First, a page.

Megaloblastic Anemias

Megaloblastic anemia is caused by either a vitamin B-12 deficiency or a folic acid deficiency that results in impaired DNA synthesis and consequently enlarged red blood cells. These unusually large and structurally abnormal immature red blood cells are called megaloblasts, hence the name of this condition. A common characteristic of megaloblastic anemia is an increase in MCV and a normal MCHC.

Vitamin B-12 Deficiency

Please watch the video Megaloblastic Anemia Part 1- Vitamin B12 Deficiency Anemia

Vitamin B-12 is essential for DNA synthesis, nuclear maturation, and healthy myelin production for neurons. Vitamin B-12, also known as cobalamin, is found in foods of animal origin like meat and dairy products. Because there are so many sources of vitamin B-12, deficiency is fairly rare and is usually only seen in strict vegetarians/vegans.

To fully understand vitamin B-12 deficiency, we must first understand its absorption. Vitamin B-12 is bound to a binding protein when it is ingested and swallowed. In the stomach, pepsin that is produced by the chief cells will digest the binding proteins and release the vitamin B-12. Haptocorrin produced by the salivary glands then binds to vitamin B-12 to protect it from the stomach acid. In the duodenum, pancreatic proteases will break down haptocorrin and release the vitamin B-12. Vitamin B-12 will then bind to intrinsic factor (IF) which was produced upstream by the parietal cells of the stomach. It then travels to the ileum where the vitamin B-12/IF complex will bind to its receptor called cubilin. After binding, the complex is taken into the ileal enterocyte by receptor mediated endocytosis. Once inside the enterocyte, vitamin B-12 will associate with a carrier protein called transcobalamin II. This transcobalamin II/vitamin B-12 complex will then be secreted into the blood so vitamin B-12 can be delivered to tissues and organs like the liver and bone marrow.

Vitamin B-12 deficiency comes into play when certain patients lack intrinsic factor. Anemia due to a lack of IF that results in vitamin B-12 deficiency is called pernicious anemia. Someone might lack intrinsic factor because of an autoimmune destruction of parietal cells. Other causes of vitamin B-12 deficiency anemia are ileal resections, neoplasm/cancer in the ileum that interferes with absorption, and a gastrectomy (the patient lacks parietal cells). Vitamin B-12 deficiency anemia manifests itself through a neurological syndrome because of disorganized myelin around neurons. Patients may present with paresthesia (abnormal sensations) in the hands and feet, movement disorders, dementia, and neuropsychiatric changes. Diagnosis of vitamin B-12 deficiency is done by measuring low serum levels of vitamin B-12 and testing for antibodies against parietal cells and intrinsic factor. Treatment of vitamin B-12 deficiency is intramuscular injections of vitamin B-12 and high doses of oral vitamin B-12.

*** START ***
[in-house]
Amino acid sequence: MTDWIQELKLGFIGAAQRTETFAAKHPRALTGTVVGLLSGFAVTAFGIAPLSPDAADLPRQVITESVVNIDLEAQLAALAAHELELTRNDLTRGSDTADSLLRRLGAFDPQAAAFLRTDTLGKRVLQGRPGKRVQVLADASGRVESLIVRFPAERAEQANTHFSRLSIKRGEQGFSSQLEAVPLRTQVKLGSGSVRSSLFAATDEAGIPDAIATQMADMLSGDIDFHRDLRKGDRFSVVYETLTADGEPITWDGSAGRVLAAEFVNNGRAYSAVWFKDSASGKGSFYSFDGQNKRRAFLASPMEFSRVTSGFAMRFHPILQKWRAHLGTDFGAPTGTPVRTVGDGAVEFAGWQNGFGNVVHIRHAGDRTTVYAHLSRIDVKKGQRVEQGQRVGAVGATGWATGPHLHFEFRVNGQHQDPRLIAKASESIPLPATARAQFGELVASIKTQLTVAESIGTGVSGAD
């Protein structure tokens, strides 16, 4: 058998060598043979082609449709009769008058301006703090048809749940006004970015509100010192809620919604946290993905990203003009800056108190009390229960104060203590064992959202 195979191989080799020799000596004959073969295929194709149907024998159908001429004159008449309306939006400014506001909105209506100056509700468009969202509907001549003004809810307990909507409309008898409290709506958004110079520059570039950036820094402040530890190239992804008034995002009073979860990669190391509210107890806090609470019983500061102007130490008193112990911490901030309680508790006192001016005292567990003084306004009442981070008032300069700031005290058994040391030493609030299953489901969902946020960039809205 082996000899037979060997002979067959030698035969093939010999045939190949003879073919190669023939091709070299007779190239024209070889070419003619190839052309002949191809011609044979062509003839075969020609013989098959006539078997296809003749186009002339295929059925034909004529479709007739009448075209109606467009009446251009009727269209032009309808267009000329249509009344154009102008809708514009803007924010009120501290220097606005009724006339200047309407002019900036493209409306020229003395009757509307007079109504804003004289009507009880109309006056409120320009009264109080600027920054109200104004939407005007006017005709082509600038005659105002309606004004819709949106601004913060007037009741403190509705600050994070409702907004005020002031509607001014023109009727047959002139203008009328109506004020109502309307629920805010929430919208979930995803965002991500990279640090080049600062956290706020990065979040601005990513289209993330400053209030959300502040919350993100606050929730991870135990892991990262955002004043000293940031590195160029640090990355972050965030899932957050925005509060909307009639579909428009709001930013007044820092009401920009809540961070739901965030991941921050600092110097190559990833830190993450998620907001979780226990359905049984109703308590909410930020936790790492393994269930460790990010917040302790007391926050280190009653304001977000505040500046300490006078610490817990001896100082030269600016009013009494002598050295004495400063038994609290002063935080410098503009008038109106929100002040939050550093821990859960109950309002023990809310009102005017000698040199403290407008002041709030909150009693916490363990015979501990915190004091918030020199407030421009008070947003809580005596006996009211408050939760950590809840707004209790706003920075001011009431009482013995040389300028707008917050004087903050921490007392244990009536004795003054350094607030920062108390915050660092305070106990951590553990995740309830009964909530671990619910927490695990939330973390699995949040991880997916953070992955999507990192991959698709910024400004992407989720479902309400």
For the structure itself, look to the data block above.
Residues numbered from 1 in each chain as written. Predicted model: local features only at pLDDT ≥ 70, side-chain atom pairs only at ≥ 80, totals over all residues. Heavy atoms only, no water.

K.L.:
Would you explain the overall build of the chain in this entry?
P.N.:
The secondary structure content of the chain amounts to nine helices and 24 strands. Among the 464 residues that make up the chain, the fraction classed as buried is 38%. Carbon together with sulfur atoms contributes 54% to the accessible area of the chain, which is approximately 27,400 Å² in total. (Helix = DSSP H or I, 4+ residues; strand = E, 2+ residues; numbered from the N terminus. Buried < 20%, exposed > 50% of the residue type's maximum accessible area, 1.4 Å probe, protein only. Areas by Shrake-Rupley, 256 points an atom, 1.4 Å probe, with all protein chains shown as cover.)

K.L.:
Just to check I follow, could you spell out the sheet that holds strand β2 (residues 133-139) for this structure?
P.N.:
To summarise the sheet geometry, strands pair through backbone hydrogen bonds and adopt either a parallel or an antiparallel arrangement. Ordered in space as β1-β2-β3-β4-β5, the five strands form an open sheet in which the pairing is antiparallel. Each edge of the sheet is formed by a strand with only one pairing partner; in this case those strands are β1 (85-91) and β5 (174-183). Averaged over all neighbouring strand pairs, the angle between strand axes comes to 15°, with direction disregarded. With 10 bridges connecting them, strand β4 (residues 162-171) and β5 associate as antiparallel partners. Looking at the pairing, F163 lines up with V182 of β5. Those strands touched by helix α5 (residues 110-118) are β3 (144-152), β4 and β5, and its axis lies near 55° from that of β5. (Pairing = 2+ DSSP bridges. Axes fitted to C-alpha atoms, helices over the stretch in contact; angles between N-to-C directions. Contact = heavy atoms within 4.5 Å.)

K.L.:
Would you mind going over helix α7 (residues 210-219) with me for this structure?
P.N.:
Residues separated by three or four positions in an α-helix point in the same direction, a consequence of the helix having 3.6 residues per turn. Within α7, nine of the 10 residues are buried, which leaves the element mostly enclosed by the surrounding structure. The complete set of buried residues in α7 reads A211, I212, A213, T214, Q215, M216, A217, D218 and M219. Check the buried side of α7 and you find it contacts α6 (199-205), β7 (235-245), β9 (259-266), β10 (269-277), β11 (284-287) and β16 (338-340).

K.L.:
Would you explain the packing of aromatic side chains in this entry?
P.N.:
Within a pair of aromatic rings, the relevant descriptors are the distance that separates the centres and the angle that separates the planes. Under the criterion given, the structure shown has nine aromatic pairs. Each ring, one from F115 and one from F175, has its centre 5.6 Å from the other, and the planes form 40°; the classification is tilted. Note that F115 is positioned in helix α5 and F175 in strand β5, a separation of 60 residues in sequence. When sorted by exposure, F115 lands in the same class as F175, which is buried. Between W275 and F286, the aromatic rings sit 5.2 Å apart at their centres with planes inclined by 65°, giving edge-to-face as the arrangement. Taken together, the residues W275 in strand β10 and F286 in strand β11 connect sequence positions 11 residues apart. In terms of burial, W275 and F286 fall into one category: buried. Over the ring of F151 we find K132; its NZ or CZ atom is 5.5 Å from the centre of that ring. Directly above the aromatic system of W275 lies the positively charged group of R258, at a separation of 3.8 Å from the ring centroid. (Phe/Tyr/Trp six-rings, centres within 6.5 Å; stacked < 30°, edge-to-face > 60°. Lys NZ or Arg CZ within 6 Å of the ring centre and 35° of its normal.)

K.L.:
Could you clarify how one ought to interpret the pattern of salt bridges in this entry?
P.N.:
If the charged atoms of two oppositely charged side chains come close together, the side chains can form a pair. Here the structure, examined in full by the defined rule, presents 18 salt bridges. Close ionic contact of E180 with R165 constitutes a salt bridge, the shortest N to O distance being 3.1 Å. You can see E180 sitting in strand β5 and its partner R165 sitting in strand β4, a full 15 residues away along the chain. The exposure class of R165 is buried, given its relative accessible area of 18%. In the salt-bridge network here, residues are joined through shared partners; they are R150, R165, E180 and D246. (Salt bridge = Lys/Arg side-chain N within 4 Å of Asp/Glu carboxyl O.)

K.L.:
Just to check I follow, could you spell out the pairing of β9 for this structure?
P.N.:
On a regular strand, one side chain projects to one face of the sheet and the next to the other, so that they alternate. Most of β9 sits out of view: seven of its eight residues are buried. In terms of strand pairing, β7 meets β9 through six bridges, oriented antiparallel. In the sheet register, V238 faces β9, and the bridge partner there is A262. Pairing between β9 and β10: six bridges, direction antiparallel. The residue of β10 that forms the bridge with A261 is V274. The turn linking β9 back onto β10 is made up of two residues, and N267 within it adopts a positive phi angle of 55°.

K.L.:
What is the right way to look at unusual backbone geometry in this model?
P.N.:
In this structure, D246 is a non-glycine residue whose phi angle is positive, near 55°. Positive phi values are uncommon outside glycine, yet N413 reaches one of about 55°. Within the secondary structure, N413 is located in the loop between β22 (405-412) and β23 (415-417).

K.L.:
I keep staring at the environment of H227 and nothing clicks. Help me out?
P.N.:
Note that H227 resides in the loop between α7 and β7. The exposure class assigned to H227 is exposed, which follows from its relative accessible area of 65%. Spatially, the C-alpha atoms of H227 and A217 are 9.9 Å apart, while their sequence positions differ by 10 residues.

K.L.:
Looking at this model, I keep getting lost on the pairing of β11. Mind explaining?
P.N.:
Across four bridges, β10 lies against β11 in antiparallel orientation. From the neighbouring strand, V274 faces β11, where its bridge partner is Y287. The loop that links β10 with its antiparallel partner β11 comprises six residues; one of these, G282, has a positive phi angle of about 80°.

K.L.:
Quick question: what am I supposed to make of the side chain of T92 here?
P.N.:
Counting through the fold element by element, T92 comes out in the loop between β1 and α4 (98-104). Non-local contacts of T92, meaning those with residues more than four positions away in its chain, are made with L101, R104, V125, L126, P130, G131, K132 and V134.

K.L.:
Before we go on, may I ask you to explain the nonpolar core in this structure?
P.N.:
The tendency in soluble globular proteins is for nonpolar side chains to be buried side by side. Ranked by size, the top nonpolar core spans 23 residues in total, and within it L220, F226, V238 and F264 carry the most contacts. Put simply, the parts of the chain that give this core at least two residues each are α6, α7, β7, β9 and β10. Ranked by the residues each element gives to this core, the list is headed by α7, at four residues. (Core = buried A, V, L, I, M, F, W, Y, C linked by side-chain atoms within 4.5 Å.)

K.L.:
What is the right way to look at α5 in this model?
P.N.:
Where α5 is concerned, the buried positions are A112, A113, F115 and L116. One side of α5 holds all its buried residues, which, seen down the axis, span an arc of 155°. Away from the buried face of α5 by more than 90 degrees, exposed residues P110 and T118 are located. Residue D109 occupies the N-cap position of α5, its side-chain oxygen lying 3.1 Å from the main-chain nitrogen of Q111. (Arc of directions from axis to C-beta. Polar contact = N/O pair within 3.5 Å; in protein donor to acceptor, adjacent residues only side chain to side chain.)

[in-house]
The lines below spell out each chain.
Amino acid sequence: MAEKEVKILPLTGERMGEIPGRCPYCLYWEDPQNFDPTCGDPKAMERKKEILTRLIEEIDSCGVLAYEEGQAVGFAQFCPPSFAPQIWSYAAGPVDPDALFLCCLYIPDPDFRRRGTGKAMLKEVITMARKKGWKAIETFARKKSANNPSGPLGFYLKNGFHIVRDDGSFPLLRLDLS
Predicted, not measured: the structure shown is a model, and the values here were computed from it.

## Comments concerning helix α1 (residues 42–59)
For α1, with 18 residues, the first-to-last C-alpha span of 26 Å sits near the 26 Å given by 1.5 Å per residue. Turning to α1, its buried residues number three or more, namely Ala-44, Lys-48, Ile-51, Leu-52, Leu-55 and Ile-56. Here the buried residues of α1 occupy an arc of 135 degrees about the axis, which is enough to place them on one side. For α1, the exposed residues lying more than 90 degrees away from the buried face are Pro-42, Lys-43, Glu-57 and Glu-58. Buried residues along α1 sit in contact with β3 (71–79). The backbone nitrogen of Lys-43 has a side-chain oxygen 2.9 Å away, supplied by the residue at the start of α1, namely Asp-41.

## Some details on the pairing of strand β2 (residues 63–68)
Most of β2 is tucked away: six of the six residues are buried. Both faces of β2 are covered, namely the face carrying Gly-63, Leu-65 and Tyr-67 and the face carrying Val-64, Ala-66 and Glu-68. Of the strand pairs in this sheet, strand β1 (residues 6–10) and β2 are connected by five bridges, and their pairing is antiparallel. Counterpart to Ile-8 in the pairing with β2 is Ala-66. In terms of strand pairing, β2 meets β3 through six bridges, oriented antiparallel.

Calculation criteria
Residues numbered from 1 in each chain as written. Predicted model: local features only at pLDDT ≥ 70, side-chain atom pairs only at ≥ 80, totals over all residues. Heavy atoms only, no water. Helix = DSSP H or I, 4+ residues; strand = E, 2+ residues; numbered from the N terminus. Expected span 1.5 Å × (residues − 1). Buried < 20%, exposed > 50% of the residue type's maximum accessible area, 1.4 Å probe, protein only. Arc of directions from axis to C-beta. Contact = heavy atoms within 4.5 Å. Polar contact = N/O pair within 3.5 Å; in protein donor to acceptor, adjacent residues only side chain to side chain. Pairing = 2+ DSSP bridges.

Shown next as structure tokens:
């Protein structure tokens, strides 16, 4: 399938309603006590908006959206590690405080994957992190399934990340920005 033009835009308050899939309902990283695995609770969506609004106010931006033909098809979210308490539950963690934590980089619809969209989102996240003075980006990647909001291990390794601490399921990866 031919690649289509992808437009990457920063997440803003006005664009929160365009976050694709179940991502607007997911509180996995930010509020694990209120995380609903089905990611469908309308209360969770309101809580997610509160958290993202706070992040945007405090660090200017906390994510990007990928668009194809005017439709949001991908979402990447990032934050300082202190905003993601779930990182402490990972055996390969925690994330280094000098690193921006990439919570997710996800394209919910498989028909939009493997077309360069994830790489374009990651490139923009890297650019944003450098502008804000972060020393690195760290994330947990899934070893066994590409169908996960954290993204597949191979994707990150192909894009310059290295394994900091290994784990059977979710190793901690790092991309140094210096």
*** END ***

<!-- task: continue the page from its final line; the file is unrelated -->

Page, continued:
Folic Acid Deficiency

Please watch the video Megaloblastic Anemia Part 2- Folic Acid Deficiency Anemia

The other type of megaloblastic anemia is caused by folic acid deficiency. Like vitamin B-12, folic acid is used in the synthesis of DNA. Unlike vitamin B-12, folic acid does not require intrinsic factor to be absorbed because it is readily absorbed from the intestine on its own. Folic acid deficiency also doesn’t lead to any neurological issues like vitamin B-12 deficiency. To treat this condition, folic acid supplements are given and the diet is adjusted. Folic acid is found in high amounts in leafy greens, fruits, veggies, cereal, and meats. Causes of folic acid deficiency include:

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